Rand Paul: We’re very lucky John McCain’s not in charge

Sen. Rand PaulRandal (Rand) Howard PaulRand Paul: Almost every mass shooter 'is sending off signals' Liz Cheney says world is more stable, 'safer' under Trump Sunday shows preview: Democratic candidates make the rounds after debate MORE (Ky.) ripped fellow Republican Sen. John McCainJohn Sidney McCain The 13 Republicans needed to pass gun-control legislation Biden's debate performance renews questions of health At debate, Warren and Buttigieg tap idealism of Obama, FDR MORE (Ariz.) on Sunday after McCain criticized President Trump’s escalating war of words with the media.

He argued that the nation is “very lucky” that Trump is president and not McCain, who won the 2008 GOP nomination but lost to Barack ObamaBarack Hussein ObamaBooker dismisses early surveys: 'If you're polling ahead right now, you should worry' Let's not play Charlie Brown to Iran's Lucy Mattis dodges toughest question MORE in the general election.

Paul said that McCain’s recent criticisms of Trump are driven by his “personal dispute” with the president over foreign policy.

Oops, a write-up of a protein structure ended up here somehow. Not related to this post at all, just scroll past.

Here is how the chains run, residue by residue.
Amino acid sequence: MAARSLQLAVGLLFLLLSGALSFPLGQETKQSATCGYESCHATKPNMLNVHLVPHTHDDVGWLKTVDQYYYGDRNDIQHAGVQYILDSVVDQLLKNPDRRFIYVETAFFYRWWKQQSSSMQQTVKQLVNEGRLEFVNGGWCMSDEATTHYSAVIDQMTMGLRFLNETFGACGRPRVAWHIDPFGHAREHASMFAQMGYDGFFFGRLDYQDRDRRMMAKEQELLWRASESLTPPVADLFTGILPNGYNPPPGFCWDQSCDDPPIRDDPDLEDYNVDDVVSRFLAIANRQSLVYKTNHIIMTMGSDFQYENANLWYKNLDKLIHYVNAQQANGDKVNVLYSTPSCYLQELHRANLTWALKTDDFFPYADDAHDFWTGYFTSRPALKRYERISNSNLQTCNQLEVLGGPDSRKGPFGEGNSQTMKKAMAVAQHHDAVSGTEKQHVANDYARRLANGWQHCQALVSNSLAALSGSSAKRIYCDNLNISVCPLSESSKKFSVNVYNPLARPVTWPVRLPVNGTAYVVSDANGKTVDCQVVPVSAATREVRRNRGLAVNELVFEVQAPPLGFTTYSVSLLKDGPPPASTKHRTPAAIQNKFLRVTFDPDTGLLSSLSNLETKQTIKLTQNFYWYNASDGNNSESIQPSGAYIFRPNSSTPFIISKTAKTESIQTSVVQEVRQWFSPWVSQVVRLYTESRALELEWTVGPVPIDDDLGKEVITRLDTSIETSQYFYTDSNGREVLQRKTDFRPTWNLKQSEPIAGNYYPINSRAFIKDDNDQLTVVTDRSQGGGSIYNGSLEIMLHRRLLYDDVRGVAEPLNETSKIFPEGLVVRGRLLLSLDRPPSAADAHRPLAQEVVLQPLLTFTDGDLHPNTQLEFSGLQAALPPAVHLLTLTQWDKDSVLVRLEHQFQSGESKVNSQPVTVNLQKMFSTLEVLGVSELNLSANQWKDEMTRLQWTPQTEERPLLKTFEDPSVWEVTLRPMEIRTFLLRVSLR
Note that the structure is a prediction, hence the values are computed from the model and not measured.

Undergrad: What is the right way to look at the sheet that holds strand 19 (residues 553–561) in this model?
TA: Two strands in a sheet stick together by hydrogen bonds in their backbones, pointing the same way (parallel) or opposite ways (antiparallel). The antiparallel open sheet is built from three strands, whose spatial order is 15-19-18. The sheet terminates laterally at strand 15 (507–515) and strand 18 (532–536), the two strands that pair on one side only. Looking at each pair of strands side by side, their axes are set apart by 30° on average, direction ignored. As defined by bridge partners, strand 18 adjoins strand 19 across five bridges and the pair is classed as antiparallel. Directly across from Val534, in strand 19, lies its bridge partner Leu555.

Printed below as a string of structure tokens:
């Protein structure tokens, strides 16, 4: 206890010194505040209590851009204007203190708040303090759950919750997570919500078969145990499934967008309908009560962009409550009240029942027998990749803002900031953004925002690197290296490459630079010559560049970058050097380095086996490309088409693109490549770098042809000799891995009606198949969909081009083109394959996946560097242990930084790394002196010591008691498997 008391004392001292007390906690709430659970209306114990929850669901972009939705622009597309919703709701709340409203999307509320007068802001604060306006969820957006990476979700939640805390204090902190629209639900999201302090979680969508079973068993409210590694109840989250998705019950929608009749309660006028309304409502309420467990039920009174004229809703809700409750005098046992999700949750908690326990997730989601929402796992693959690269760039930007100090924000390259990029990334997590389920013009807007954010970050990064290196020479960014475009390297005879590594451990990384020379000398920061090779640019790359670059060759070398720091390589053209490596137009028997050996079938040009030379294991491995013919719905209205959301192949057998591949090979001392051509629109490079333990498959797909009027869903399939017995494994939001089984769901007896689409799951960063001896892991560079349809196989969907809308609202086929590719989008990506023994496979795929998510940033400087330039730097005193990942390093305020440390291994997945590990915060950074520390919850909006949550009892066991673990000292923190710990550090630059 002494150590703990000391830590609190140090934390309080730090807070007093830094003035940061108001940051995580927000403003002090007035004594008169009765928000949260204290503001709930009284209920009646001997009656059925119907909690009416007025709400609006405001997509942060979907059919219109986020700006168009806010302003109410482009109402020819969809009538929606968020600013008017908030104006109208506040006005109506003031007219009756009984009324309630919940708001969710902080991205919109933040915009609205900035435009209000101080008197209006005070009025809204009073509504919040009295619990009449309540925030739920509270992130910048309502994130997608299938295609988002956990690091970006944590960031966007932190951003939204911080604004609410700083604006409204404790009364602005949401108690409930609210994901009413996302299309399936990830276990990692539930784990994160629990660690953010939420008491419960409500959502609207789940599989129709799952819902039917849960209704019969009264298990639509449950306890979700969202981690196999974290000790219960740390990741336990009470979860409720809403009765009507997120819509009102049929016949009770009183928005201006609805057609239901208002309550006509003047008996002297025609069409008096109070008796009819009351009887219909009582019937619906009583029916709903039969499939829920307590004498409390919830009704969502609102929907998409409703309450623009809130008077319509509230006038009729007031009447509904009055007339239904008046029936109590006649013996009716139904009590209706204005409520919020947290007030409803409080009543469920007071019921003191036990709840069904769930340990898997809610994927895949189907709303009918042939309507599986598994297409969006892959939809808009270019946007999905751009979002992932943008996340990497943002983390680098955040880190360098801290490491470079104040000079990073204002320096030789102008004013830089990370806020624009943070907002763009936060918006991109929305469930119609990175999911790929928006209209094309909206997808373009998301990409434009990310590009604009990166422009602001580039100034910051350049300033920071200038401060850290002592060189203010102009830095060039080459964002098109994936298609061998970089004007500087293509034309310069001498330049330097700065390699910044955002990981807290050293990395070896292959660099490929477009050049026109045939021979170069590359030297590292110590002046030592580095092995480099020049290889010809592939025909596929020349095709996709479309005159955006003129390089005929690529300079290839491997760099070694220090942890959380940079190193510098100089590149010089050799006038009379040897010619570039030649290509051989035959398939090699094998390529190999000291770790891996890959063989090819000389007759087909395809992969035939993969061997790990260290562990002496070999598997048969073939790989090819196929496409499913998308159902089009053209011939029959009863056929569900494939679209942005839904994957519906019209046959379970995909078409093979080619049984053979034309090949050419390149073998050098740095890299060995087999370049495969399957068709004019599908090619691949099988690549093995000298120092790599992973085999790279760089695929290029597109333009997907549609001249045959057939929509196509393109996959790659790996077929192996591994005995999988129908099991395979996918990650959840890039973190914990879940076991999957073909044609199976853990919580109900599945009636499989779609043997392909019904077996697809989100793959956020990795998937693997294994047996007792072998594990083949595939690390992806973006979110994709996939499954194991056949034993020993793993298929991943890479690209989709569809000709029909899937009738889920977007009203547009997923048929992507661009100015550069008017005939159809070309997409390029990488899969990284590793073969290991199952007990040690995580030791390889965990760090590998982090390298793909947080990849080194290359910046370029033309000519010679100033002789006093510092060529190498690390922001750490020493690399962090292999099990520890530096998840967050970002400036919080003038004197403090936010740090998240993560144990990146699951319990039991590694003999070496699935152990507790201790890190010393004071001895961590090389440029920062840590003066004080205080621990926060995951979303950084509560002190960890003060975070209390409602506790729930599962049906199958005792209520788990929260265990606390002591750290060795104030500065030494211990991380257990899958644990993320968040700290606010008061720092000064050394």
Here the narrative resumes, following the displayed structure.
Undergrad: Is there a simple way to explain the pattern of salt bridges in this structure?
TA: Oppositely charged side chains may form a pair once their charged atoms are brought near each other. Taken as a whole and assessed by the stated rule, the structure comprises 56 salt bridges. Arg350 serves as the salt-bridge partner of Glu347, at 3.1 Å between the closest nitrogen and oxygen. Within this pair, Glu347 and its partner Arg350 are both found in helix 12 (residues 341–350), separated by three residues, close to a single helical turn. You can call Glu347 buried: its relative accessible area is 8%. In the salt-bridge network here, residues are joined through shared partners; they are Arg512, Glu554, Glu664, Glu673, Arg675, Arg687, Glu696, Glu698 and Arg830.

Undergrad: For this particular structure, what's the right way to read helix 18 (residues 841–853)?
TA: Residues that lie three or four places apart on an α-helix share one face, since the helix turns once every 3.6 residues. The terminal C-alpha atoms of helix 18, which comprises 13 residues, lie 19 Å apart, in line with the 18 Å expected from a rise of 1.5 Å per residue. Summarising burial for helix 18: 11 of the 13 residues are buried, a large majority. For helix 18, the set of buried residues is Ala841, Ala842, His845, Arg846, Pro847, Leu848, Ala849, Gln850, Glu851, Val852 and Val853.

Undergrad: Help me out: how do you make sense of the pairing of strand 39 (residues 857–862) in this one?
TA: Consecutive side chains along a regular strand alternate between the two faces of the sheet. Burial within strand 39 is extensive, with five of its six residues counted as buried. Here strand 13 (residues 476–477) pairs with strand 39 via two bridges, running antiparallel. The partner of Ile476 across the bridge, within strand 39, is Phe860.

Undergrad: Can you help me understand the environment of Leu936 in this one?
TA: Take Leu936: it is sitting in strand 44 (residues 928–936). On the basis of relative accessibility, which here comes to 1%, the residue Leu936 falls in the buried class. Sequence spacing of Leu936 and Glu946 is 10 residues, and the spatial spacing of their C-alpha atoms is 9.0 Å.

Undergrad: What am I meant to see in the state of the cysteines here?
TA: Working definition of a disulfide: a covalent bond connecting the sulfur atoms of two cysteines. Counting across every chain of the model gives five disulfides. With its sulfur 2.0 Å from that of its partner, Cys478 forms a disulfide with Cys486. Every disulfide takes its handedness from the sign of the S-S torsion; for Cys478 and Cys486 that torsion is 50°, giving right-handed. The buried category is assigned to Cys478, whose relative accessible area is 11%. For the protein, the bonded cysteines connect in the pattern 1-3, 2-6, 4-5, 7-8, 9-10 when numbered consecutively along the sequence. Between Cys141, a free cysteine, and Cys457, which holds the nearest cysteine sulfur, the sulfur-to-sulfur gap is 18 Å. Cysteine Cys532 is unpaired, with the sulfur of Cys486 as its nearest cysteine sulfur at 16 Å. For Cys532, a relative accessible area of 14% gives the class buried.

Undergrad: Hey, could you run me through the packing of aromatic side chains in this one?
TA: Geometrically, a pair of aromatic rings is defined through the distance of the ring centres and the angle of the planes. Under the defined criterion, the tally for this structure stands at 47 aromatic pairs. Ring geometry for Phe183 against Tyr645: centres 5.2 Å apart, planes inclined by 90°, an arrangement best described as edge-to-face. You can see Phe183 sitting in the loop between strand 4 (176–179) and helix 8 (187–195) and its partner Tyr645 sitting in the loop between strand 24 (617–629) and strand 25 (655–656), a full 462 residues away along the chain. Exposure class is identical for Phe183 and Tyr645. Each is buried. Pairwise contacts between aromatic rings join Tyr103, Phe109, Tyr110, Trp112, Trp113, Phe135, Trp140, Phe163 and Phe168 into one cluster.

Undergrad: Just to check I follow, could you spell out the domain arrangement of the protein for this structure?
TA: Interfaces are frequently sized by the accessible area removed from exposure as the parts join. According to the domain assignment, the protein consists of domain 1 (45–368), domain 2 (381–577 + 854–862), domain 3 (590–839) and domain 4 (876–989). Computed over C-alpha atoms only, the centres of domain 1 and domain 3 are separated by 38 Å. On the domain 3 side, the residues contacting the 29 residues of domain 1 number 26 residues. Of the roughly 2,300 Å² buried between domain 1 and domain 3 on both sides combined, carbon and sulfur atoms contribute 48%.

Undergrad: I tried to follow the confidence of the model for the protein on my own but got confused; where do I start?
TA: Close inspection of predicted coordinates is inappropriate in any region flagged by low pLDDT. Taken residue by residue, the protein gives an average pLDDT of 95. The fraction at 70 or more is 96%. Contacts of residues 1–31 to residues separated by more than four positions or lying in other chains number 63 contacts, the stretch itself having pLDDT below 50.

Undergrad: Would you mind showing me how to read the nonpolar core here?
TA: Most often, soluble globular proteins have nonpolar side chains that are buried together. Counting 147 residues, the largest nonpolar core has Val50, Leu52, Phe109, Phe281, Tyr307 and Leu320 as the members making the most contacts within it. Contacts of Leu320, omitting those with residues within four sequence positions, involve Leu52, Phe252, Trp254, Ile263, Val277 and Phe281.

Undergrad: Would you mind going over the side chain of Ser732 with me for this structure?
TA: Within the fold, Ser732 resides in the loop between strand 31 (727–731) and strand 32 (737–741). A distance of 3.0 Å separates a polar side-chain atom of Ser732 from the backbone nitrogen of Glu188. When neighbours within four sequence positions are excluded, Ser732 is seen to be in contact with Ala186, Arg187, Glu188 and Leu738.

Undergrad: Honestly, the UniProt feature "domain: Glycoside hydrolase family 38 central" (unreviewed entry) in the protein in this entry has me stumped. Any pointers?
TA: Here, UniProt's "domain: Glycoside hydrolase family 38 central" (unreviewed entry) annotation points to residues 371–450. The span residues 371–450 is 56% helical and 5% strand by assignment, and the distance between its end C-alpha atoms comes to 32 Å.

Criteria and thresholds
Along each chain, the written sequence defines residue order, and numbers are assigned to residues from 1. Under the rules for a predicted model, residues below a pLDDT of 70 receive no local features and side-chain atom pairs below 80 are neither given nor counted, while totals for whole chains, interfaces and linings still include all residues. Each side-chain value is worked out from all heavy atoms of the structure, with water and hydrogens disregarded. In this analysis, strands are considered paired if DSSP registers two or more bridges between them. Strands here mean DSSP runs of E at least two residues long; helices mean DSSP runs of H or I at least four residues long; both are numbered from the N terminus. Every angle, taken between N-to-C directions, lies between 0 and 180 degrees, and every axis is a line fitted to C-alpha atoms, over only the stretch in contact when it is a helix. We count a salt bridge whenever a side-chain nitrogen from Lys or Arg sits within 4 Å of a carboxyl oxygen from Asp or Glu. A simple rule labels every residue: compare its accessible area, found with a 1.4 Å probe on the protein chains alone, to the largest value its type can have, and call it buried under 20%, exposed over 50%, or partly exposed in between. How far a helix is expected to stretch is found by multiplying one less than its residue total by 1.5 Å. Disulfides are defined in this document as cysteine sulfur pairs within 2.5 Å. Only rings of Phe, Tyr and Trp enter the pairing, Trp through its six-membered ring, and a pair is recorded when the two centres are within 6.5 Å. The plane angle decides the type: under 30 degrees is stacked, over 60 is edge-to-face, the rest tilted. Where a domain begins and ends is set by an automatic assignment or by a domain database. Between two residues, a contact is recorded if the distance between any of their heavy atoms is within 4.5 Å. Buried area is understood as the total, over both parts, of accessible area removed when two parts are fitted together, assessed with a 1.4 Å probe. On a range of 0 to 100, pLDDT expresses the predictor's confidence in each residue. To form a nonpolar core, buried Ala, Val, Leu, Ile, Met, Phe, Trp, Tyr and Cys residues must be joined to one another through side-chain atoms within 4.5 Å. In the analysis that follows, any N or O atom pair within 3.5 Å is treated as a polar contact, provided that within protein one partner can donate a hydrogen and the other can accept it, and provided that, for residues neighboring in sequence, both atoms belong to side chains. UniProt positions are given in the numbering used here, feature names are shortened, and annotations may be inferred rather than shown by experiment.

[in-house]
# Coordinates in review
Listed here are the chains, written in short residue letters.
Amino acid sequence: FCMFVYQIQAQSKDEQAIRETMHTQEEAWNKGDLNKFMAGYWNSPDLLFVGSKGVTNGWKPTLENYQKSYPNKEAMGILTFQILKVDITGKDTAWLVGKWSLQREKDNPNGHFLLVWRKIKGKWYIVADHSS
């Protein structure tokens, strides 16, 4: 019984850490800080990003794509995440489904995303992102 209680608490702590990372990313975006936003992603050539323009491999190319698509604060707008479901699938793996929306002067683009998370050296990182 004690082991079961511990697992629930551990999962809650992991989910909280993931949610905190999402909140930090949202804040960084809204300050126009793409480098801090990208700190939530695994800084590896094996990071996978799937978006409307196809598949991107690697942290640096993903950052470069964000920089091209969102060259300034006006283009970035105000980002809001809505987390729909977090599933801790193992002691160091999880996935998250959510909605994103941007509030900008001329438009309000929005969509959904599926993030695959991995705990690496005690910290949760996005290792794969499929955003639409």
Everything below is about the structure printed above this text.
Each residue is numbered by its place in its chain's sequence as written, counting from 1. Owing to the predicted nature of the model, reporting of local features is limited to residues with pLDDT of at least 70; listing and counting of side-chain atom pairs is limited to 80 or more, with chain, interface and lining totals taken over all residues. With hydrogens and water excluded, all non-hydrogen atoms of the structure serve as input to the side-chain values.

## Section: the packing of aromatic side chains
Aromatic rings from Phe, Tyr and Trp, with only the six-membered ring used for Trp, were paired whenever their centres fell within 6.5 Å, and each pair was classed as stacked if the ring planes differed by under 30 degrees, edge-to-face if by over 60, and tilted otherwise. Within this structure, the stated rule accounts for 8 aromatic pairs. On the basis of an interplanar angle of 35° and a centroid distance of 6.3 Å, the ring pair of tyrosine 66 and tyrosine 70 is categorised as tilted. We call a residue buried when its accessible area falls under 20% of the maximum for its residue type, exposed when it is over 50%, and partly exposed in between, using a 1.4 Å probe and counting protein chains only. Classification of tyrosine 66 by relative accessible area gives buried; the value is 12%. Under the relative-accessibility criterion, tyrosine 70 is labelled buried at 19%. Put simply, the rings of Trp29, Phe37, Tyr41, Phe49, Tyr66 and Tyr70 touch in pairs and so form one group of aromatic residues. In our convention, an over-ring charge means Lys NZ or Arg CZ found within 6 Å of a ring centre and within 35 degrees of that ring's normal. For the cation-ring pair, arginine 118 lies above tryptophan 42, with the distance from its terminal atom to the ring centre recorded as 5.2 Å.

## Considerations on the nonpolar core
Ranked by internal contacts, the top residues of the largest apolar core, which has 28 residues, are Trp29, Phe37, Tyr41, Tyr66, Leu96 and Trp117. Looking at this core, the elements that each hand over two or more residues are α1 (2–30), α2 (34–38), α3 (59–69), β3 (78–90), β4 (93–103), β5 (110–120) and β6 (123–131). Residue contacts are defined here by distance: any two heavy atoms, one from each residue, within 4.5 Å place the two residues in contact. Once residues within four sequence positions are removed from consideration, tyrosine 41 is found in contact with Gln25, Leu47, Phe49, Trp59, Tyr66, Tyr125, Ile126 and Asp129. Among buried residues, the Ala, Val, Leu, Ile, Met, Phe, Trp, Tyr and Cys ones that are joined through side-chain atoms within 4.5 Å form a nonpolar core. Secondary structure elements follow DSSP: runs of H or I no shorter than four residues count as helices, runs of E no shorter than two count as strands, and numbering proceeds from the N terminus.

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He added that McCain and Trump are at odds because McCain supports the wide deployment of U.S. troops to protect and promote American interests abroad while he characterized Trump’s views as closer to a realpolitik approach to foreign policy.

“Everything that he says about the president is colored by his own personal dispute he’s got running with President Trump, and it should be taken with a grain of salt, because John McCain’s the guy who’s advocated for war everywhere,” Paul said on ABC’s “This Week.”

“He would bankrupt the nation. We’re very lucky John McCain’s not in charge, because I think we’d be in perpetual war,” Paul added.

McCain in an interview with NBC’s “Meet the Press” warned that the suppression of a free press can lead to a dictatorial regime. He made the comments after Trump tweeted on Friday that the media is “the enemy of the American people.”

McCain has also harshly criticized Trump’s expressed respect for Russian President Vladimir Putin and his suggestion earlier this month that the United States does not have the moral authority to criticize Russia’s human rights record.

Paul said there has no effort by the Trump administration to suppress the media, noting that no legislation has been offered to curb press freedoms.

Paul argued that McCain has a history of being wrong major foreign policy questions.

“I would say John McCain’s been wrong on just about everything over the last four decades. He advocated for the Iraq War, which I think destabilized the Middle East,” he said.

“If you look at the map, there’s probably at least six different countries where John McCain has advocated for us having boots on the ground,” he added.